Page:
REVIEW: Sweeney Todd

The Demon Barber of Fleet Street took the stage of the Power Center, and everything about it was absolutely thrilling and spectacular in the grandest sense. Comparable to a Broadway production, SMTD has outdone themselves again.

Jamie Colburn was an impeccable Sweeney Todd, capturing his rage and thirst for vengeance with every scowl and word. Allie Re’s performance of Mrs. Lovett exceeds words, as she embodied her quirky character just perfectly. Her facial expressions were extraordinary, showing the complexities and intricacies within her. The classic number “A Little Priest” ended the first act with a humorous, witty delight as Mrs. Lovett and Sweeney Todd come up with their genius and delicious plan. Together, Re and Colburn stole the show.

The supporting cast and ensemble were splendid as well. Blake Roman as Anthony in “Johanna” and Emma Ashford as Johanna in “Green Finch and Linnet Bird” brought powerful vocals to the stage, matching each other beautifully later in “Kiss Me.” Aaron Robinson pulled off Pirelli’s difficult part with ease, and Spencer LaRue played the precious, innocent Tobias, performing one of my favorite numbers, “Not While I’m Around,” beautifully. The Beggar Woman, played by Cydney Clark, fully captured the craze and hysteria of the streets of London. Sondheim’s score is creativity at its peak, but the entire cast and pit nailed this challenging musical.

Aside from the phenomenal acting and singing, everything about this production was stellar. The props were amusing and delightful, from Mrs. Lovett’s delectable meat pies to Todd’s barber chair that disposes of his victims in a humorous fashion. The choreography of this production was particularly stunning. You normally don’t think about Sweeney Todd as a choreography-heavy musical, but the ensemble quickly changed that notion as they came out during the opening “Ballad of Sweeney Todd” and established the ominous nature of this musical with an intensely choreographed number. In “By the Sea,” the pairs of dancers in their outfits and umbrellas evoked Mrs. Lovett’s dream in a very visually pleasing way.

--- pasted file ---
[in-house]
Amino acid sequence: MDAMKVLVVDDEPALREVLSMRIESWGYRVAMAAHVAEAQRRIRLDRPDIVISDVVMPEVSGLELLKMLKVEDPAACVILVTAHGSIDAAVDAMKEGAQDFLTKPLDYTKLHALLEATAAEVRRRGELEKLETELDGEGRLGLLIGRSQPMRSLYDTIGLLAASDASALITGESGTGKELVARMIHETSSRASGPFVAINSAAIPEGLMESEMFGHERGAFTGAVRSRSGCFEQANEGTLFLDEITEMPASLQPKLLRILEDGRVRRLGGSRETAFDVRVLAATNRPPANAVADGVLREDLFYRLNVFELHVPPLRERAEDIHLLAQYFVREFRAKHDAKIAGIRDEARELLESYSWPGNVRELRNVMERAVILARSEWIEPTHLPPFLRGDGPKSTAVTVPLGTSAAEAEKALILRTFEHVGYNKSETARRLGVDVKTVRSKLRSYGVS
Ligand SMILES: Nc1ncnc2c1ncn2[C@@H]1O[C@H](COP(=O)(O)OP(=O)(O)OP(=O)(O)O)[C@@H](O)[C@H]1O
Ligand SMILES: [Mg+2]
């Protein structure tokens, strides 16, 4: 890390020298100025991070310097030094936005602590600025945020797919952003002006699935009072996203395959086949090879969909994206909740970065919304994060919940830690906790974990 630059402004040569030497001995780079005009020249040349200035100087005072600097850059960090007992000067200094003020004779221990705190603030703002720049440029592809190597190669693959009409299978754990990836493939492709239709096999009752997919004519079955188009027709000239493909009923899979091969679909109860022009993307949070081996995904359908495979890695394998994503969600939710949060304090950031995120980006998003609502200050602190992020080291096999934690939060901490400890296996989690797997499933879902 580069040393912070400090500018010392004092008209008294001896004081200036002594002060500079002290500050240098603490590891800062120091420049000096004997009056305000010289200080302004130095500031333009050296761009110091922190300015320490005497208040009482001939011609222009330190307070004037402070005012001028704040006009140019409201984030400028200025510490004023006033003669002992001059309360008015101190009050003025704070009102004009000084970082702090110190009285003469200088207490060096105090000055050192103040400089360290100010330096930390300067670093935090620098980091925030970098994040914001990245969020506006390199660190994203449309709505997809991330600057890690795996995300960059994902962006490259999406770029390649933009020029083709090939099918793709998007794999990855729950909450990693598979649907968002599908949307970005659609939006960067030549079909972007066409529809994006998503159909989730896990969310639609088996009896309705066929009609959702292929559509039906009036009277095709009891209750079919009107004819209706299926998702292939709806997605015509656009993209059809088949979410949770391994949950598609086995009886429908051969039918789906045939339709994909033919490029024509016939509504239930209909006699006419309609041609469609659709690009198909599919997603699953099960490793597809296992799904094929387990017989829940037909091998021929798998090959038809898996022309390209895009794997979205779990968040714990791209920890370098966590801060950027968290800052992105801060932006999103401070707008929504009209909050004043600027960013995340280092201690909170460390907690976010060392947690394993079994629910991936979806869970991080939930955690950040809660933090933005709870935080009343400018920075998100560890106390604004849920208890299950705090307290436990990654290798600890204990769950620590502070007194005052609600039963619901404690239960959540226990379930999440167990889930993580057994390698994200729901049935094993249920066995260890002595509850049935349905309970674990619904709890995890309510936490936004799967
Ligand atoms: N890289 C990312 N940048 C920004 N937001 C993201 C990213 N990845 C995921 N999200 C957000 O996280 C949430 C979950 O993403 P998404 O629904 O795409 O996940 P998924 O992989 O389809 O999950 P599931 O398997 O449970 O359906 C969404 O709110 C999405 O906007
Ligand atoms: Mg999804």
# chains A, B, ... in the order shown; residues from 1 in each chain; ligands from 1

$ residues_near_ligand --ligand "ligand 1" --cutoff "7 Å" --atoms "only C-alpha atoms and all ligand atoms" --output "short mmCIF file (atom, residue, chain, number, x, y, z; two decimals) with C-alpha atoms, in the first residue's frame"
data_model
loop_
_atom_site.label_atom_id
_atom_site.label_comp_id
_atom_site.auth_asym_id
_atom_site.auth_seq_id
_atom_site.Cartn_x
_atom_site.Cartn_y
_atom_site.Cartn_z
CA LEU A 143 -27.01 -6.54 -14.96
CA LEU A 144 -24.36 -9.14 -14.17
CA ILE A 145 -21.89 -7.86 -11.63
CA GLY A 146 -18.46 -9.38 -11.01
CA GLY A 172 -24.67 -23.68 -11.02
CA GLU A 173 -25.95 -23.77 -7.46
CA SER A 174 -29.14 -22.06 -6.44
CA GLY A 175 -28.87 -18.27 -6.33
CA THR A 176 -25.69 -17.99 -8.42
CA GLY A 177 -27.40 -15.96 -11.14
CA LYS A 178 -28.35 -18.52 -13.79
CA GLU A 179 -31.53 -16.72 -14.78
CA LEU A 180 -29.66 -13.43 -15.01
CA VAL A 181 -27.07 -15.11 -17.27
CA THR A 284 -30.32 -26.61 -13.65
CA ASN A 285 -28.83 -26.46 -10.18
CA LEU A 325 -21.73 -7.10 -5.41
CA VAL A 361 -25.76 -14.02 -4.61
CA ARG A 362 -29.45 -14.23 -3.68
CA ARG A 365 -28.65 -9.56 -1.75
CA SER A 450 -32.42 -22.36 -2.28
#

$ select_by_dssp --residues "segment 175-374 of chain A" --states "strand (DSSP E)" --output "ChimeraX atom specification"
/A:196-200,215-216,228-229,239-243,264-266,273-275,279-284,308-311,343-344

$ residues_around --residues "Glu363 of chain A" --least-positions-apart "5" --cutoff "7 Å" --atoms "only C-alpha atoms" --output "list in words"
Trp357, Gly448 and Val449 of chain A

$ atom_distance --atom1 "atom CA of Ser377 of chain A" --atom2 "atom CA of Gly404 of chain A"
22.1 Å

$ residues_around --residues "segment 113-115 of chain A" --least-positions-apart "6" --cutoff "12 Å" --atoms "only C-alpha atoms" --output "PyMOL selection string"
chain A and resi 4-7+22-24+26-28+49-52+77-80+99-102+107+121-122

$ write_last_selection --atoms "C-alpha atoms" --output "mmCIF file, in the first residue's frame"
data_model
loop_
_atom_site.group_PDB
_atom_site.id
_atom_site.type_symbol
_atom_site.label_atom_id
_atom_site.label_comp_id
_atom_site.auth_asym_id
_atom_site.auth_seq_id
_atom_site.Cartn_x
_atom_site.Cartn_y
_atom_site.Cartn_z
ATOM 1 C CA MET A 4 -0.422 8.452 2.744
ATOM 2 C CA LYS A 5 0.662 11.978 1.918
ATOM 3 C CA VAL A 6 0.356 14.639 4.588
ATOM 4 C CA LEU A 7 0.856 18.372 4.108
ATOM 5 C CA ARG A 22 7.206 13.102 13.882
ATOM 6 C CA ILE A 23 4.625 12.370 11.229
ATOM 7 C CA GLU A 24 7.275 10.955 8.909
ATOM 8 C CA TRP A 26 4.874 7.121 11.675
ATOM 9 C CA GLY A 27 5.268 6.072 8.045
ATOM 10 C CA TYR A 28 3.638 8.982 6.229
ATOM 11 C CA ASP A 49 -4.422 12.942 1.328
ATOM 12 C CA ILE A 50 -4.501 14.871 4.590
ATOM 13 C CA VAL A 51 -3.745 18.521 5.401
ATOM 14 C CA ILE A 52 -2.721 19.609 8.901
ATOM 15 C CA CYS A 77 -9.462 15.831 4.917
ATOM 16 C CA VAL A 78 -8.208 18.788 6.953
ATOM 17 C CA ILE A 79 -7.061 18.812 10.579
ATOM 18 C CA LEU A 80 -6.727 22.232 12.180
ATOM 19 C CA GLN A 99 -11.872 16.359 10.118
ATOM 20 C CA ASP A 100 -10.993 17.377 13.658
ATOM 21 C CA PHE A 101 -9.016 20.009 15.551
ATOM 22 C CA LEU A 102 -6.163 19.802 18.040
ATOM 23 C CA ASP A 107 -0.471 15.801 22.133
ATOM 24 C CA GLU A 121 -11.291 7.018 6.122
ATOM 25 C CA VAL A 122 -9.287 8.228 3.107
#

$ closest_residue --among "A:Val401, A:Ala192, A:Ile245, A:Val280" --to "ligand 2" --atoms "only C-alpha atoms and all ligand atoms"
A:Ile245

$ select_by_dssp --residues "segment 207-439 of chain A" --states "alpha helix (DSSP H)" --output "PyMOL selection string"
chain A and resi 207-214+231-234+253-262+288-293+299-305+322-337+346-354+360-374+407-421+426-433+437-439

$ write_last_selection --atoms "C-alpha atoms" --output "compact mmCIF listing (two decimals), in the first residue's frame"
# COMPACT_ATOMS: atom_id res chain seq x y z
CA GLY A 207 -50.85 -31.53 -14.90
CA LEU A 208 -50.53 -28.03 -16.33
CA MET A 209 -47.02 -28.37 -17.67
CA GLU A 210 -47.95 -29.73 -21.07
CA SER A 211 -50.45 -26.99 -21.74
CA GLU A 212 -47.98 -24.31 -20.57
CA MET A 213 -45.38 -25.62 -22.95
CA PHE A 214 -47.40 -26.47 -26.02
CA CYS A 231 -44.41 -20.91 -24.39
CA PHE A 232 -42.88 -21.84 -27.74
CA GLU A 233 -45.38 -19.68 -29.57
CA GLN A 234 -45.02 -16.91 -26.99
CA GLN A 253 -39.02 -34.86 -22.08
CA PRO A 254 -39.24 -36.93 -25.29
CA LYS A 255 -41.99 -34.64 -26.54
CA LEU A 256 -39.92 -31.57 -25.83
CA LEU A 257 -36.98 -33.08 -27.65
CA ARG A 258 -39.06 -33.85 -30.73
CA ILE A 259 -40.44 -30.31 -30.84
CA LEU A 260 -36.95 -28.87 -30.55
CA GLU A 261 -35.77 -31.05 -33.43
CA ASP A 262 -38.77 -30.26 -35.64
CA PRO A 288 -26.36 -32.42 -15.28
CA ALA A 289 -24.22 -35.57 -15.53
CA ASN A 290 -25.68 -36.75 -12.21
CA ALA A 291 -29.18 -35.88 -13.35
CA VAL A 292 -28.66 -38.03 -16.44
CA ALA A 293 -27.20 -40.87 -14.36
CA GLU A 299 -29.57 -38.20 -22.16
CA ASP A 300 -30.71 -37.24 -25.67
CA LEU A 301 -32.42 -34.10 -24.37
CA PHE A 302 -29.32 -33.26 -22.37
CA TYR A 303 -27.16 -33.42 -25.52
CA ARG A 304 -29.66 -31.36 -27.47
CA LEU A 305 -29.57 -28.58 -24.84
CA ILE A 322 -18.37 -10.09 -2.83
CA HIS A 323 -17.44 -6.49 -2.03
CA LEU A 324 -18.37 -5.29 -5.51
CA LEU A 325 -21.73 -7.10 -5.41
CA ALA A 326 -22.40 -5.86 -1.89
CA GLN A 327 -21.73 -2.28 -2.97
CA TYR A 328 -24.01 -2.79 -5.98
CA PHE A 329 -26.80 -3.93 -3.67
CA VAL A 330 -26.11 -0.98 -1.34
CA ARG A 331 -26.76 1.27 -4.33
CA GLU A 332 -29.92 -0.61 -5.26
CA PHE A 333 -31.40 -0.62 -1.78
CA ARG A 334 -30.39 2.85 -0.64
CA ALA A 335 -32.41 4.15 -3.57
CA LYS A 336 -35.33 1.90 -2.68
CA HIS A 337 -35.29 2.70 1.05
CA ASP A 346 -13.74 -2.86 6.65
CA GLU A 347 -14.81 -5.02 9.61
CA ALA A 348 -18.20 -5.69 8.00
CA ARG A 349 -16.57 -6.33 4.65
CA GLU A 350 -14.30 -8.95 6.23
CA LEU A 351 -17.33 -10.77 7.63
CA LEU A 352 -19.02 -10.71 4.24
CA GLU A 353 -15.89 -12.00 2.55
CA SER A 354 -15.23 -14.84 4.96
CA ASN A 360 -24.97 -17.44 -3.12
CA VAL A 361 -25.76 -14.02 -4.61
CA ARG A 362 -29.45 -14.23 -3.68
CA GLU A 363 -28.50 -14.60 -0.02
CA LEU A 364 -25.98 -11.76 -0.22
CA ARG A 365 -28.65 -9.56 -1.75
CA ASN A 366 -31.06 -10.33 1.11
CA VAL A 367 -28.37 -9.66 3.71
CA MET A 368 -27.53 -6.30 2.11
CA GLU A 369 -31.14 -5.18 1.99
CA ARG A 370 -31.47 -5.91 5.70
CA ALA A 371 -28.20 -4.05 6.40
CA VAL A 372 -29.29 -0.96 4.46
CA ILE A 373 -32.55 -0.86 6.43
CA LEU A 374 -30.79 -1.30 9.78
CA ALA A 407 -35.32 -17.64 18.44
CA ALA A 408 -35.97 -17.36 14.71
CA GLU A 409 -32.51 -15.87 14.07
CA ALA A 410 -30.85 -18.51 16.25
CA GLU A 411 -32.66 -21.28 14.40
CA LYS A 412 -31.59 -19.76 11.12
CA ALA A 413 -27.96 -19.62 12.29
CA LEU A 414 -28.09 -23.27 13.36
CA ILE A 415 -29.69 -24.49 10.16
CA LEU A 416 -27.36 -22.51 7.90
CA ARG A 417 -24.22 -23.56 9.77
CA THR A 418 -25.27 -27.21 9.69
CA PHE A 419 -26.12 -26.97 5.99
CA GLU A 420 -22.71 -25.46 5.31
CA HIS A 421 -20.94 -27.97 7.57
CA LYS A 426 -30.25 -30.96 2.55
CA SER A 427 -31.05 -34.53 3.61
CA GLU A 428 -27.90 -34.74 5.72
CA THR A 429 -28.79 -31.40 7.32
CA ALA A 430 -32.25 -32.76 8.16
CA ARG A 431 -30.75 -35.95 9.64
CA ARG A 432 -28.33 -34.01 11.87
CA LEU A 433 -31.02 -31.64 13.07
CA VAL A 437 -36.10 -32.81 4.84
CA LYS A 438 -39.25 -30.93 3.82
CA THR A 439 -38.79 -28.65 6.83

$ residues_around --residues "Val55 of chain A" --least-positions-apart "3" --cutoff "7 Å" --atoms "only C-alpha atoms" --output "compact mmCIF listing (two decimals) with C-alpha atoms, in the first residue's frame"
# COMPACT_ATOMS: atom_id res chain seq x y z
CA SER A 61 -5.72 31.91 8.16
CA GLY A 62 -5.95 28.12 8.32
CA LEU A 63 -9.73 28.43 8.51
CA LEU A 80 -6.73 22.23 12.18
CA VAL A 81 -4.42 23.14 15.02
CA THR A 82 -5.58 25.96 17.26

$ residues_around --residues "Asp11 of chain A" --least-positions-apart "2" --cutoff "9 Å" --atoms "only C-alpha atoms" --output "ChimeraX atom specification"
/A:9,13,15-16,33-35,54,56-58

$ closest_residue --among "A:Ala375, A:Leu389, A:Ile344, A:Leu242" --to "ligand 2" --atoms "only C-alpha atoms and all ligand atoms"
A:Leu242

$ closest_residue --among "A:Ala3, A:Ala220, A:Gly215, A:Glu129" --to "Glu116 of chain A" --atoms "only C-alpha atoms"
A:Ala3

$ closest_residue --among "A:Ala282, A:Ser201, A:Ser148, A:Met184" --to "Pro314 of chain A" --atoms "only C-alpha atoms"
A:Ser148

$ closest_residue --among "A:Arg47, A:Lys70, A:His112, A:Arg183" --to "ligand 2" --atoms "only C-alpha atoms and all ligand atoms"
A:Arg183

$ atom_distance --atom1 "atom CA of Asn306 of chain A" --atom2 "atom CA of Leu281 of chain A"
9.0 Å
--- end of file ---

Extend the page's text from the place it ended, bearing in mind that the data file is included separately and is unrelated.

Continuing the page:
Probably what was most notable about the performance I saw on Sunday was the fact that at the beginning of the second act, Colburn got his hand caught in the barber chair and his pinky fingernail got ripped off. However, like a true actor, he kept singing in that moment, went offstage to wrap it and apply makeup, and then he continued the rest of the show like a champ. Colburn took this bloody and gruesome musical to new levels with his personal experience, and that is certainly to be applauded.

Sweeney Todd was spectacular on every single level, from the lighting to the musical to the costumes to the choreography to the props to the singing to the acting. This was a wonderful performance to finish the year off with, since everything was perfectly executed.

Angela Lin

Angela is a sophomore studying English and the Environment. The only thing she loves more than writing and the arts are wombats.

One thought to “REVIEW: Sweeney Todd”

  1. He LOST a fingernail?! Eek!
    I saw it Friday night, but I feel like I missed the craziness of the night you saw!

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